Skip to content

'The people of Canada have spoken and they are going to make us work together' says Longfield after re-election

Longfield cruises to victory in Guelph with Liberals settling for minority government in Ottawa

At the end of a marathon 40-day election campaign, Guelphites have spoken and incumbent Liberal Lloyd Longfield is headed back to Ottawa to represent Guelph as its member of parliament.

With a handful of polls left to be counted, Longfield held 41 per cent of the popular vote.

”I am just thrilled and delighted to represent you for another four years,” Longfield told a group of about 125 supporters packed into the eBar on Quebec Street Monday evening.

As Longfield spoke to the crowd, his phone began to vibrate.

“Steve Dyck, it’s nice to hear from you, but I am with my friends right now,” he said to applause.

Longfield noted he spoke by phone with local NDP candidate Aisha Jahangir earlier in the evening.

“She gave me a call to congratulate me and I told her it looks like our parties are going to be working together,” he said, referencing the Liberal minority government that was elected Monday, which will likely need help from the NDP to stay in power.

“Something we do in Guelph almost on instinct is to work together across party lines,” said Longfield to the crowd.

Longfield thanked supporters, volunteers and his family before also congratulating other local candidates on their campaigns.

The Liberals took an early lead when initial results came in for Newfoundland and the Maritimes and that lead continued until a Liberal minority government was called.

For more than 25 years and over the past eight federal elections, the riding of Guelph has remained Liberal red. Monday’s election night was no exception, though results for the Royal City came in later than most due to staffing issues at polling stations in the south end.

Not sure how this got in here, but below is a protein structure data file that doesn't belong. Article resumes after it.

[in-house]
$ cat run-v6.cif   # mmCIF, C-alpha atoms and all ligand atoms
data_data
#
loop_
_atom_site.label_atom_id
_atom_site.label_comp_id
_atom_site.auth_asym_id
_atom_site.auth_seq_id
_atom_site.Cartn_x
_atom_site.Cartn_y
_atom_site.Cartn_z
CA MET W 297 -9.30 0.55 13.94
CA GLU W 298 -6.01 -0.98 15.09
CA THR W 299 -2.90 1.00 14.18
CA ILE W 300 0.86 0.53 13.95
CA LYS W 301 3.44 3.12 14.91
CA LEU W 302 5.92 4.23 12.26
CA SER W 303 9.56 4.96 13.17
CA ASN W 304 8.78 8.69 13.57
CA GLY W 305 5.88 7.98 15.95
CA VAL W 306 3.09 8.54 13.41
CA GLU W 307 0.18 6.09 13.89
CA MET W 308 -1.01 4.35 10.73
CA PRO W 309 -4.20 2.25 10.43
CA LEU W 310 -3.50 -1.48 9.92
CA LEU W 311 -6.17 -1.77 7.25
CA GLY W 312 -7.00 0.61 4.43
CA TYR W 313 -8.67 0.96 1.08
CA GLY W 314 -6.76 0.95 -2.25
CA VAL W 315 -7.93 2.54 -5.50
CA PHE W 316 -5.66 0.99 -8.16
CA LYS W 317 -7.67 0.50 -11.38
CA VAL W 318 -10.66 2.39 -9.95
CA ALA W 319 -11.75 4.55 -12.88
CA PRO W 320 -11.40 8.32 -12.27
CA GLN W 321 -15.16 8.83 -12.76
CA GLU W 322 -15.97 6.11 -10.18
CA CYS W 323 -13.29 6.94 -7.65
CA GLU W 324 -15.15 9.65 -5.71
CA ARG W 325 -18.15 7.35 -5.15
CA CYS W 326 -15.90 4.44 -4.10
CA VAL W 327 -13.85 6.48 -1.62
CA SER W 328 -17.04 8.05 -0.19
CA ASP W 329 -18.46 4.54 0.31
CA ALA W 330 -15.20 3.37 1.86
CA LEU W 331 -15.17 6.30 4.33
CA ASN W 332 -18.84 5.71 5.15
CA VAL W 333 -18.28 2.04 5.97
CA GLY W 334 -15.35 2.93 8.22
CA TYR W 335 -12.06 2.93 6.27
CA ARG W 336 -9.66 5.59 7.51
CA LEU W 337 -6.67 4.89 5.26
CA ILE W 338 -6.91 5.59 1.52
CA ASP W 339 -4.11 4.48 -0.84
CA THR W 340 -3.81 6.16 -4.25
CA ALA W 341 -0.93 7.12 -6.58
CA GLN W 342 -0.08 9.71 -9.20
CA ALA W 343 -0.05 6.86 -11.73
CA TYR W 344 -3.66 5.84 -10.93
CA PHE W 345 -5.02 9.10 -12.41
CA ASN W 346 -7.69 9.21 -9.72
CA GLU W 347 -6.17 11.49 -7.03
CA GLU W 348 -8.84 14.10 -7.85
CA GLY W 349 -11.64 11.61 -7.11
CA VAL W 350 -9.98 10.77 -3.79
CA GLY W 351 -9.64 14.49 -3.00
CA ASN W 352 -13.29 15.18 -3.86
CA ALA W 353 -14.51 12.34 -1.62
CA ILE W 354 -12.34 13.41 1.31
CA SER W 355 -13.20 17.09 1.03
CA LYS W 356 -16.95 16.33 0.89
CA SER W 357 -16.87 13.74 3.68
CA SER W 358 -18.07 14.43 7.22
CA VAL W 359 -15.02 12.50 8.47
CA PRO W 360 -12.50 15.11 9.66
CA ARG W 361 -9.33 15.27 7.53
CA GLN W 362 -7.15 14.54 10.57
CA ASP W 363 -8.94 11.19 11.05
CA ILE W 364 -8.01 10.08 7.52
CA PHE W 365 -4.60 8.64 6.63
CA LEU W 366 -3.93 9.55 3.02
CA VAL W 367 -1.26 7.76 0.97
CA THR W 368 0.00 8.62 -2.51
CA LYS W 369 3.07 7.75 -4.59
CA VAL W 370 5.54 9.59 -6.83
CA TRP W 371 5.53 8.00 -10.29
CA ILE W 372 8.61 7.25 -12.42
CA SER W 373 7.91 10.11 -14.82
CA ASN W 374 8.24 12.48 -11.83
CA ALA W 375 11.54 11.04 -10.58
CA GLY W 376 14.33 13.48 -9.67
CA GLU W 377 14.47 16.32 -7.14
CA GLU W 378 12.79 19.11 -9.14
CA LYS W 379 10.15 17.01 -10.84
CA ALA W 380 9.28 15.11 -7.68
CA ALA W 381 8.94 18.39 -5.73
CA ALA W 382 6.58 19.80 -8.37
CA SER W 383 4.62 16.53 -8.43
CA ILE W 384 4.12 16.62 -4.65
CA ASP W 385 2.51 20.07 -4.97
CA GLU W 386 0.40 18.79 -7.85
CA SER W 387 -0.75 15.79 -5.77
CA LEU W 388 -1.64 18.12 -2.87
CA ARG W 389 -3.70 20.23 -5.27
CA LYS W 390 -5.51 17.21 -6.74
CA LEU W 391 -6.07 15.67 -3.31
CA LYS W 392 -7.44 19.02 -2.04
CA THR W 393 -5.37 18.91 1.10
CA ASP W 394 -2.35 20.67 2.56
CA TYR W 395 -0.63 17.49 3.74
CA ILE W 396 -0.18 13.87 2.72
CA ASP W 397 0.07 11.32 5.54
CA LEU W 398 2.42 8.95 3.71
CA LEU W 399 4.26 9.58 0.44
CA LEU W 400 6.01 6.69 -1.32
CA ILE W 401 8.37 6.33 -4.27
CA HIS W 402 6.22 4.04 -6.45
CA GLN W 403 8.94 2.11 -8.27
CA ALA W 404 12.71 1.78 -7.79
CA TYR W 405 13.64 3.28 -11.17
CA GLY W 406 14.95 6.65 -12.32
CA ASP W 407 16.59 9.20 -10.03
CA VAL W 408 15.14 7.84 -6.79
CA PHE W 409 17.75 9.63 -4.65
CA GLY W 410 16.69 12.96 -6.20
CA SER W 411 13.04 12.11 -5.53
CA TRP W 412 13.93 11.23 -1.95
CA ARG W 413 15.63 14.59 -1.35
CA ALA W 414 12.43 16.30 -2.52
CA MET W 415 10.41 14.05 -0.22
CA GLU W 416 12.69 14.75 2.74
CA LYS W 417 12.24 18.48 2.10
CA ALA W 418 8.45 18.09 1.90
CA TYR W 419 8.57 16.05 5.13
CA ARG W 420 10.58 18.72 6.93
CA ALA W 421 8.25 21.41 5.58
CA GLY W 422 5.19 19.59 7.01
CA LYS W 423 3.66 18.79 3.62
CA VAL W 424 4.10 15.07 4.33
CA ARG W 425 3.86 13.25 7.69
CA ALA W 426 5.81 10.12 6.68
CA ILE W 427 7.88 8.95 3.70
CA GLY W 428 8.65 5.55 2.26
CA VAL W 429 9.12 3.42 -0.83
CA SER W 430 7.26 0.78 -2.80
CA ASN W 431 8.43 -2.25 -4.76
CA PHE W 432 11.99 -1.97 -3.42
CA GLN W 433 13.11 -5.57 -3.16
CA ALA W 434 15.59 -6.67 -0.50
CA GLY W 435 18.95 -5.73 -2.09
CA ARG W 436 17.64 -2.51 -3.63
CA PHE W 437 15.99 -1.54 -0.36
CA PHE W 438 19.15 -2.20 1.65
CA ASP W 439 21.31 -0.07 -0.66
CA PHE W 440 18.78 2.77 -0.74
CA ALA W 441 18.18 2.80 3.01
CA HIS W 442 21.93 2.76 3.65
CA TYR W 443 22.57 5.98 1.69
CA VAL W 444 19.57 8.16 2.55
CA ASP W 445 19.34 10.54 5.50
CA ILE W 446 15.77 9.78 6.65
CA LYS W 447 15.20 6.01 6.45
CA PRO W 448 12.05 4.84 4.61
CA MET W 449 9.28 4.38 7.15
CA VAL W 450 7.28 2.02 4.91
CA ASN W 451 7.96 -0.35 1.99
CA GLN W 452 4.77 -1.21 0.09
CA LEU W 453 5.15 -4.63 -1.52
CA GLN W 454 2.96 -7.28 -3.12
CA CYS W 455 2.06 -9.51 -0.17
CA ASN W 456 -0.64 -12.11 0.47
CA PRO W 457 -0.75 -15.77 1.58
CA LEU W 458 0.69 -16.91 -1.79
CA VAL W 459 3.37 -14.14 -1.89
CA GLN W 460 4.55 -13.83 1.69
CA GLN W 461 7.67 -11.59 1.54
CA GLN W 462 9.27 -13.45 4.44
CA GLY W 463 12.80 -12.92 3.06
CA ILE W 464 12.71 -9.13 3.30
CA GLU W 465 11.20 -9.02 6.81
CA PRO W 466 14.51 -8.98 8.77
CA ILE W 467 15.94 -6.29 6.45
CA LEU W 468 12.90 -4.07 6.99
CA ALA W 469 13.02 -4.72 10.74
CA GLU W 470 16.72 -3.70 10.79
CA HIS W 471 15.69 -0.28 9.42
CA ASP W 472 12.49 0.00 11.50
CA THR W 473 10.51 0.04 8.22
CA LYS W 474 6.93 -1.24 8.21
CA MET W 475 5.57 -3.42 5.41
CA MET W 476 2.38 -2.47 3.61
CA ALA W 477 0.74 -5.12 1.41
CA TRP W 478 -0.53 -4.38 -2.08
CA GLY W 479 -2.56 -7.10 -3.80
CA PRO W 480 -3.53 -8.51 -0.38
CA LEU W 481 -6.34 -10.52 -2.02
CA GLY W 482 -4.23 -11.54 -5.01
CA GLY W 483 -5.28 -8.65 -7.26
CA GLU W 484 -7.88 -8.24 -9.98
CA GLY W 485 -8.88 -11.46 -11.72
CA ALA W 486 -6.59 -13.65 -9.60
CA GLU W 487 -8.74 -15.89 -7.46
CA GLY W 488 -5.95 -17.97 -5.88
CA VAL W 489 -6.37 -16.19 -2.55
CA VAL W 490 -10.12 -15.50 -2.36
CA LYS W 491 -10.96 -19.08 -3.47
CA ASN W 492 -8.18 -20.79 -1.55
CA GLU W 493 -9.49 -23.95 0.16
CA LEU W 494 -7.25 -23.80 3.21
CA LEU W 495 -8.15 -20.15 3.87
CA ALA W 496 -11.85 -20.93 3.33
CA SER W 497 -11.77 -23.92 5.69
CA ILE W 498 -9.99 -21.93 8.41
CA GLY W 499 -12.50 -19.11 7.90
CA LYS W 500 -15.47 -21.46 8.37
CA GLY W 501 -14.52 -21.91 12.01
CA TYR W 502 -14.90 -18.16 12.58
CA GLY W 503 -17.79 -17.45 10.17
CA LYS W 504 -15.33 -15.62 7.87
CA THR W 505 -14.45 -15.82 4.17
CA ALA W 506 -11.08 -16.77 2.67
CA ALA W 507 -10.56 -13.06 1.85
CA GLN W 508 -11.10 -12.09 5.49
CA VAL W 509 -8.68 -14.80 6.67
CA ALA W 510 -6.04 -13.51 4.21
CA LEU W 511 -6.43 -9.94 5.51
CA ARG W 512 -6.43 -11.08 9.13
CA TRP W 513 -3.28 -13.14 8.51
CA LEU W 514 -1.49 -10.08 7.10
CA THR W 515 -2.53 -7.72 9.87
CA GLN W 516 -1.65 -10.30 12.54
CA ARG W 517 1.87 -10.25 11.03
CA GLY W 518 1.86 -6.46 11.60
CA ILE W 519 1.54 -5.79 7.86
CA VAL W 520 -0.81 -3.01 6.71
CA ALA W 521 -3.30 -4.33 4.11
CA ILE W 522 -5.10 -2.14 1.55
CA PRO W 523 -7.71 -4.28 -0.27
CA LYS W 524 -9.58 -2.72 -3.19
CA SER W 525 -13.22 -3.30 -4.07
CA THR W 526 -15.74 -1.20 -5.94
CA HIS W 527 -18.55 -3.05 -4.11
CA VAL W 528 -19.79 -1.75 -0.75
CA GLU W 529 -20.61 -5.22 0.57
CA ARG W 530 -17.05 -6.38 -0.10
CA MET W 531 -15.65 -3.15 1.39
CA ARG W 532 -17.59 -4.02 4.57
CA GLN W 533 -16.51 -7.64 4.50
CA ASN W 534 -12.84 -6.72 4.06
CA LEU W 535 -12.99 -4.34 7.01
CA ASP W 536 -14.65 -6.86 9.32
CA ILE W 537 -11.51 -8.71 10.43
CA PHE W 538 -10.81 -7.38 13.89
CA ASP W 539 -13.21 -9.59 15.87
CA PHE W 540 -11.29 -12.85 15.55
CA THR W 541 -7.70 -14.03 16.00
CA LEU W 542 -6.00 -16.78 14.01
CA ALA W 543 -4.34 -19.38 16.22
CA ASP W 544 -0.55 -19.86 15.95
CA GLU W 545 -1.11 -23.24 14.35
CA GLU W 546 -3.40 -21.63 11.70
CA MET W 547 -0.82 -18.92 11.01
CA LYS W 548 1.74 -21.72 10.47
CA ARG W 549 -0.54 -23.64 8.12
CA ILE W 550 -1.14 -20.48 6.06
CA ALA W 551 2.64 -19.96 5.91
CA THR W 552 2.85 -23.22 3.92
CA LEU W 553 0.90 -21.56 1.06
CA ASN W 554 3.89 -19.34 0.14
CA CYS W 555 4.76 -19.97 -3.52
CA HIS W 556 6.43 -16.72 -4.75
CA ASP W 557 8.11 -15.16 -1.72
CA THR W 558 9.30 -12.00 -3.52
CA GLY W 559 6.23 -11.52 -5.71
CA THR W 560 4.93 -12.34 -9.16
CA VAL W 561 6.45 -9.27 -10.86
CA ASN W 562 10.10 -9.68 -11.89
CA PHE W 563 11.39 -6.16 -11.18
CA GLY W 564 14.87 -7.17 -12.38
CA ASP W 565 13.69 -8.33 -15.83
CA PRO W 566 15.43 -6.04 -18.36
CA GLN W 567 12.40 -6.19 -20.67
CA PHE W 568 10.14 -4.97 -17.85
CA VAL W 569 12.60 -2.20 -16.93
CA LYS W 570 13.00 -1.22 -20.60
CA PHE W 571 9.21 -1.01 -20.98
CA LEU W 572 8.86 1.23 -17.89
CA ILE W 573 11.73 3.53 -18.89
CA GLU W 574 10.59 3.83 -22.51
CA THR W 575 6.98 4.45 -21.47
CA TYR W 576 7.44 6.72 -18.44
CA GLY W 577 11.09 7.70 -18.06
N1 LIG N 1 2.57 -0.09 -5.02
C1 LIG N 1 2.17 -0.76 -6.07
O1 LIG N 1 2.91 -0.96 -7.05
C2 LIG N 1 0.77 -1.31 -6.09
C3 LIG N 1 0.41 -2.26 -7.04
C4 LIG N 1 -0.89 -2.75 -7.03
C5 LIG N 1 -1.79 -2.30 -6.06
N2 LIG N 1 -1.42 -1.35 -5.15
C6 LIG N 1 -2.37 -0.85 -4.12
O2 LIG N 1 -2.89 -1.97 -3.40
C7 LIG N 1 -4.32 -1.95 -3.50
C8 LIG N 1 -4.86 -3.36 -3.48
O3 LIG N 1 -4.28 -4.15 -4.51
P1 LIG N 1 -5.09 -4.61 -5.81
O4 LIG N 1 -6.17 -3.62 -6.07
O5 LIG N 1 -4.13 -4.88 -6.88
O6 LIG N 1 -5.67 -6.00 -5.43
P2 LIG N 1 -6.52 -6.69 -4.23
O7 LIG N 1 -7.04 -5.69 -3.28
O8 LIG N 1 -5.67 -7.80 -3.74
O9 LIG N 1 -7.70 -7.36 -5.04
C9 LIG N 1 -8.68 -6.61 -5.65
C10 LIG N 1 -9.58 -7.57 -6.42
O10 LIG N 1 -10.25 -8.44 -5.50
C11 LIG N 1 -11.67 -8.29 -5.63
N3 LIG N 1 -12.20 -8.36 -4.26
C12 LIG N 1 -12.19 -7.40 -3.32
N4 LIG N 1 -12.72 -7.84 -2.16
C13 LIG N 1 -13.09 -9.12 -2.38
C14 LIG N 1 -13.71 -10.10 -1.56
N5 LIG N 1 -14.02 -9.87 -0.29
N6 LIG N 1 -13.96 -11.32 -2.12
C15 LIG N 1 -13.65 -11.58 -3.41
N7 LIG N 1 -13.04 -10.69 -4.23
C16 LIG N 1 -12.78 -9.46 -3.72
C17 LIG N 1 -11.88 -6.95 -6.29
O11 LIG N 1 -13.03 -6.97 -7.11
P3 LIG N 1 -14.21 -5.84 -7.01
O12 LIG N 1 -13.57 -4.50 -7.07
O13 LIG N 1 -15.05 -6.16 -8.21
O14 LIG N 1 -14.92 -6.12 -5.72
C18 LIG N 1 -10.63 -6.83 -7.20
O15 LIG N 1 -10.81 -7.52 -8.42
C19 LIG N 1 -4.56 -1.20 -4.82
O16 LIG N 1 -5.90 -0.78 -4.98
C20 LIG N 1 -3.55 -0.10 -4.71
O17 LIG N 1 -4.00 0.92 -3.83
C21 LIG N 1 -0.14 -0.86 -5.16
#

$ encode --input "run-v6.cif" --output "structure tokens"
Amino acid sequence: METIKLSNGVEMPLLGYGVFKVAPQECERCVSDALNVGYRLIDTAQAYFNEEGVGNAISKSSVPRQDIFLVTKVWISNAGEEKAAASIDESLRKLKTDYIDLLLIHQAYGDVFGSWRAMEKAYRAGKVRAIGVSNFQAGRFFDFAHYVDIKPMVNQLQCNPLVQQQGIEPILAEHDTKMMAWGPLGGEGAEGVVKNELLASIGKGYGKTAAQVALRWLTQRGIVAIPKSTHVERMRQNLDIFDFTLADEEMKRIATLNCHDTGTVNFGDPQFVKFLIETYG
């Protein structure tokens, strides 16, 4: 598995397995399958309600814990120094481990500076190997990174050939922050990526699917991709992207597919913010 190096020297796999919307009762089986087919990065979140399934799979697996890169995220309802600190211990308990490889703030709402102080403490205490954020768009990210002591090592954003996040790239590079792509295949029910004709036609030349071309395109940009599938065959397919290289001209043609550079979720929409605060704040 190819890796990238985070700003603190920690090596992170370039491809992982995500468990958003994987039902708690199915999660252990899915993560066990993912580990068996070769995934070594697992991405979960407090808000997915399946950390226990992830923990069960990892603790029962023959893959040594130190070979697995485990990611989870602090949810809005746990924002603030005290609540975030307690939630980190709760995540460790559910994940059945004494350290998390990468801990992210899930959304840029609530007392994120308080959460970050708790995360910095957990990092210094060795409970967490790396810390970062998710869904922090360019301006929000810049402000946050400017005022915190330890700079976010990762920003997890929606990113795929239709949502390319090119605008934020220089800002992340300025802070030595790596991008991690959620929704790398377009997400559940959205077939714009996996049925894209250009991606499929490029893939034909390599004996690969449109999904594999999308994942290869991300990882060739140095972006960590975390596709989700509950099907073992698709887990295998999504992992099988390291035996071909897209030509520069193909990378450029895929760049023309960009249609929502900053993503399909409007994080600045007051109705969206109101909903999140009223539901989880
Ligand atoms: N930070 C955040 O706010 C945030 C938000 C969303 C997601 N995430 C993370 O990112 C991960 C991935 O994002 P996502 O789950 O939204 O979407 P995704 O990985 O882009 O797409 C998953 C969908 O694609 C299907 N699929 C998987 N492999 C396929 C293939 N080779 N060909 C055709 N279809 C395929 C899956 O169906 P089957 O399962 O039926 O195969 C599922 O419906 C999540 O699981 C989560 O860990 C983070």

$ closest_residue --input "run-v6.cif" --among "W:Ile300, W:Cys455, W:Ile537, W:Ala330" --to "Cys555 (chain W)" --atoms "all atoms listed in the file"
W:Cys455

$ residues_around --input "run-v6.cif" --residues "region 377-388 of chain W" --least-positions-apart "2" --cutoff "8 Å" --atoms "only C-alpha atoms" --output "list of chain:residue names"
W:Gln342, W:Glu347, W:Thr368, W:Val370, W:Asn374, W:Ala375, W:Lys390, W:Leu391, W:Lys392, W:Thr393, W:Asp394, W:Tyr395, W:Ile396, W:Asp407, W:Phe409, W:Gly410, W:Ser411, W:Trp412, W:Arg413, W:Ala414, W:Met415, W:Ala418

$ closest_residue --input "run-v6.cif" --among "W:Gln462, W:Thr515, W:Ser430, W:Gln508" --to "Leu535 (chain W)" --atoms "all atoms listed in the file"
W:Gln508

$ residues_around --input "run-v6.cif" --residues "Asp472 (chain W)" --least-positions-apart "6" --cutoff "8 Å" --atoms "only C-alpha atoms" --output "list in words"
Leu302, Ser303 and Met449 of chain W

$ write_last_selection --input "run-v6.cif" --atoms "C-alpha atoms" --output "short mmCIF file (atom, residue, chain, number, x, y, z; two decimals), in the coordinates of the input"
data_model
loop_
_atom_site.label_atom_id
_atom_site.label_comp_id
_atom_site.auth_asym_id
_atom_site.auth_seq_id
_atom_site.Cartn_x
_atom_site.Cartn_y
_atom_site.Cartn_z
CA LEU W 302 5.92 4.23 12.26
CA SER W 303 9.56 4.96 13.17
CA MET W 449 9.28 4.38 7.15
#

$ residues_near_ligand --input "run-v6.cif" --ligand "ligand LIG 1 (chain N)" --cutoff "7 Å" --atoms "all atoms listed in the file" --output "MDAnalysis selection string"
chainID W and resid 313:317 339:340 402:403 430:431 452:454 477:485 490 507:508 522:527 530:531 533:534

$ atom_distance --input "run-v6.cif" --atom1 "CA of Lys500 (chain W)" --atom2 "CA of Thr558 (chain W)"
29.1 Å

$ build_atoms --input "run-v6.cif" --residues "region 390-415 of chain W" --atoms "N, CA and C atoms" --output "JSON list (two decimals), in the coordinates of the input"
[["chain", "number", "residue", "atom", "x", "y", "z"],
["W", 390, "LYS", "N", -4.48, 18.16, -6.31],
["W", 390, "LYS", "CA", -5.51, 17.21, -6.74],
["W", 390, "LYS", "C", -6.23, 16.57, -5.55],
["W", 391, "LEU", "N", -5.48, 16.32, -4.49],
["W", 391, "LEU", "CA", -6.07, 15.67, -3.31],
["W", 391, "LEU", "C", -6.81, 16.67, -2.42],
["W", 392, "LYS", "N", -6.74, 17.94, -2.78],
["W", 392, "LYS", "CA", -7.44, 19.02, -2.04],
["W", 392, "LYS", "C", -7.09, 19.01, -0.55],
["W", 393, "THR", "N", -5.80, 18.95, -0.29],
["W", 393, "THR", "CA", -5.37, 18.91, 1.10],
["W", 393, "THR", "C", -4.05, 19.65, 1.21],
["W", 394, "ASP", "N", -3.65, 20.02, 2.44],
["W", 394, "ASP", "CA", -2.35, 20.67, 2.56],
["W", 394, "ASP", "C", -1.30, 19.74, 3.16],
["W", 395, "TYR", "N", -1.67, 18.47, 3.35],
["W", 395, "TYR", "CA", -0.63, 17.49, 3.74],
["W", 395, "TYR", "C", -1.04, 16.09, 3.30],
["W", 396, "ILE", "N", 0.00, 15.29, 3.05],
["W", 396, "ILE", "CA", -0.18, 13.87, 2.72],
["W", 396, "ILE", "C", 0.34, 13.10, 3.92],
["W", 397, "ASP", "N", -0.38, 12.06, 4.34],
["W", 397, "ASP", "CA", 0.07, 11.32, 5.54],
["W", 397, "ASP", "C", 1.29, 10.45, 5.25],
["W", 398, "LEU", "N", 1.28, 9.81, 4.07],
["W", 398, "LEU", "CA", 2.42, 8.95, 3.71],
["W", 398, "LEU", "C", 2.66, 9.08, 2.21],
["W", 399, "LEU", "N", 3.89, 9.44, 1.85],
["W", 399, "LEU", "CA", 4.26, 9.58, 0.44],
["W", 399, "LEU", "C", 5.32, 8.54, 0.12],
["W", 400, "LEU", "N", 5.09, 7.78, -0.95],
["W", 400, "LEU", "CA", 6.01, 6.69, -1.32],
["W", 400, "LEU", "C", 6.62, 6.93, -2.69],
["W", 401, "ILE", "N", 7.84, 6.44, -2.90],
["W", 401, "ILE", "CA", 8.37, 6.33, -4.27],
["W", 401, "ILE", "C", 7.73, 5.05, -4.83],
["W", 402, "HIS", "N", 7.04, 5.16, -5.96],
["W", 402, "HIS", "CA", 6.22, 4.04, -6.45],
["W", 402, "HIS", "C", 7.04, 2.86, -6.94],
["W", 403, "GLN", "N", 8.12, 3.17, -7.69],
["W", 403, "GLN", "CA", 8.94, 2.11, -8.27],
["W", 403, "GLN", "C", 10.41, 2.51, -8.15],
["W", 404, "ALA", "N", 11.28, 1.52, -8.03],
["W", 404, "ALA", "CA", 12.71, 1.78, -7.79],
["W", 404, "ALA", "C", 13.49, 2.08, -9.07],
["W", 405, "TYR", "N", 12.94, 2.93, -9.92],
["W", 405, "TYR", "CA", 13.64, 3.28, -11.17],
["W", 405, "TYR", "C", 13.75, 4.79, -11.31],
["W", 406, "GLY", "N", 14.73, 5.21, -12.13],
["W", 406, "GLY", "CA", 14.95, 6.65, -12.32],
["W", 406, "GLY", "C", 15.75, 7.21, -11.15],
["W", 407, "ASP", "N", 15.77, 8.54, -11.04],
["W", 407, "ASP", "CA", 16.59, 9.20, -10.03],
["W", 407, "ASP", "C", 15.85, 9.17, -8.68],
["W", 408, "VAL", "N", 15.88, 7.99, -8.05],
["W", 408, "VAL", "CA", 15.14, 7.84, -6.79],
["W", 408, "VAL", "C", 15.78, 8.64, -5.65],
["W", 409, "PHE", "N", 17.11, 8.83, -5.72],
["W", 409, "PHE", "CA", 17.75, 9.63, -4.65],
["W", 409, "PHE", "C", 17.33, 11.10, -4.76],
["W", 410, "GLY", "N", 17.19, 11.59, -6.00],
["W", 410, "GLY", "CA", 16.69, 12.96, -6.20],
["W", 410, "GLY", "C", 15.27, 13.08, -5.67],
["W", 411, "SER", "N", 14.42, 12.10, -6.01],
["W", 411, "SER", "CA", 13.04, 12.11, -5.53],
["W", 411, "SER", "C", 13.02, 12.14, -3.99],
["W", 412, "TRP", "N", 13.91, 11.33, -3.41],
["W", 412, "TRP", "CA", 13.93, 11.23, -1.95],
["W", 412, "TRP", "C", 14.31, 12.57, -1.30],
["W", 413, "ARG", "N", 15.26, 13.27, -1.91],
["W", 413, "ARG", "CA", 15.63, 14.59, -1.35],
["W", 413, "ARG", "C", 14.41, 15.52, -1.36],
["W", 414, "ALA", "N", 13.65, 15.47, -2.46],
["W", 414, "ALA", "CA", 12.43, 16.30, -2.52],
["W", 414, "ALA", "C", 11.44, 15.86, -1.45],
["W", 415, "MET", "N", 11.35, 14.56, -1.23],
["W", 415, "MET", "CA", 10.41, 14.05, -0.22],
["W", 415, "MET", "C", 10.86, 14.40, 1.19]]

Speaking to media after his victory speech, Longfield said the 40-day campaign felt as long as the 2015 one, which was a record 78 days.

“It was very divisive at the top and it was discouraging to see the personal attacks rather than focusing on issues like climate change and women’s rights — things that really matter to Canadians,” said Longfield.

Big issues that are facing Canadians — like the opioid crisis and mental health — are also big issues at home in Guelph, said Longfield.

“We have some really big jobs that we have to work on, but we have to do it across party lines,” said Longfield of the minority government. “The people of Canada have spoken and they are going to make us work together.”

Longfield said he has been working across party lines with Green MPP Mike Schreiner and Mayor Cam Guthrie.

“We are going to continue to do that, but now we are going to expand that effort and look at how we are going to do that nationally,” he said.

One challenge, said Longfield, has been trying to work with the Ontario PC government on a number of files.

“I think the provincial government has been playing some politics leading up to the election,” said Longfield. “I think the provincial government will face a public that is going to demand that it work with the federal government.”

During local debates and all-candidate meetings held in this campaign, Longfield defended his own record and that of the previous Liberal majority government. 

In the 100 Debates on the Environment event, Longfield noted that as MP he served on a parliamentary committee struck to end boil water advisories on First Nations reserves. He said 86 have been eliminated to date, with 55 still to be removed and that the Liberals are on pace to have them all eliminated by 2021.

During the all-candidates meeting on social justice issues held in September, local Green candidate Steve Dyck took a swing and a miss against Longfield when he accused the incumbent of not speaking in favour of Guelph-based petitions in favour of electoral reform. Longfield corrected Dyck, saying he did speak about it in parliament a total of five times.

Longfield was also on defence during the campaign for issues ranging from the Liberal government’s purchase of the Trans Mountain Pipeline to the pressuring of Jody Wilson-Raybould while she was held the position of attorney general. 

In the end, Canadians decided to give the Liberals another shot at governing, though this time without the benefit of a majority.

Although Liberal leader Justin Trudeau made a number of campaign appearances in neighbouring communities, he never made a stop in Guelph during this election campaign.

Longfield was first elected in 2015, with 49.1 per cent of the popular vote in Guelph. Previous to being Guelph’s member of parliament, Longfield served as the president of the Guelph Chamber of Commerce

Previous to the 2015 election, the Guelph seat was held by Liberal MP Frank Valeriote from 2008 to 2015. The riding of Guelph has gone Liberal in every federal election since 1993.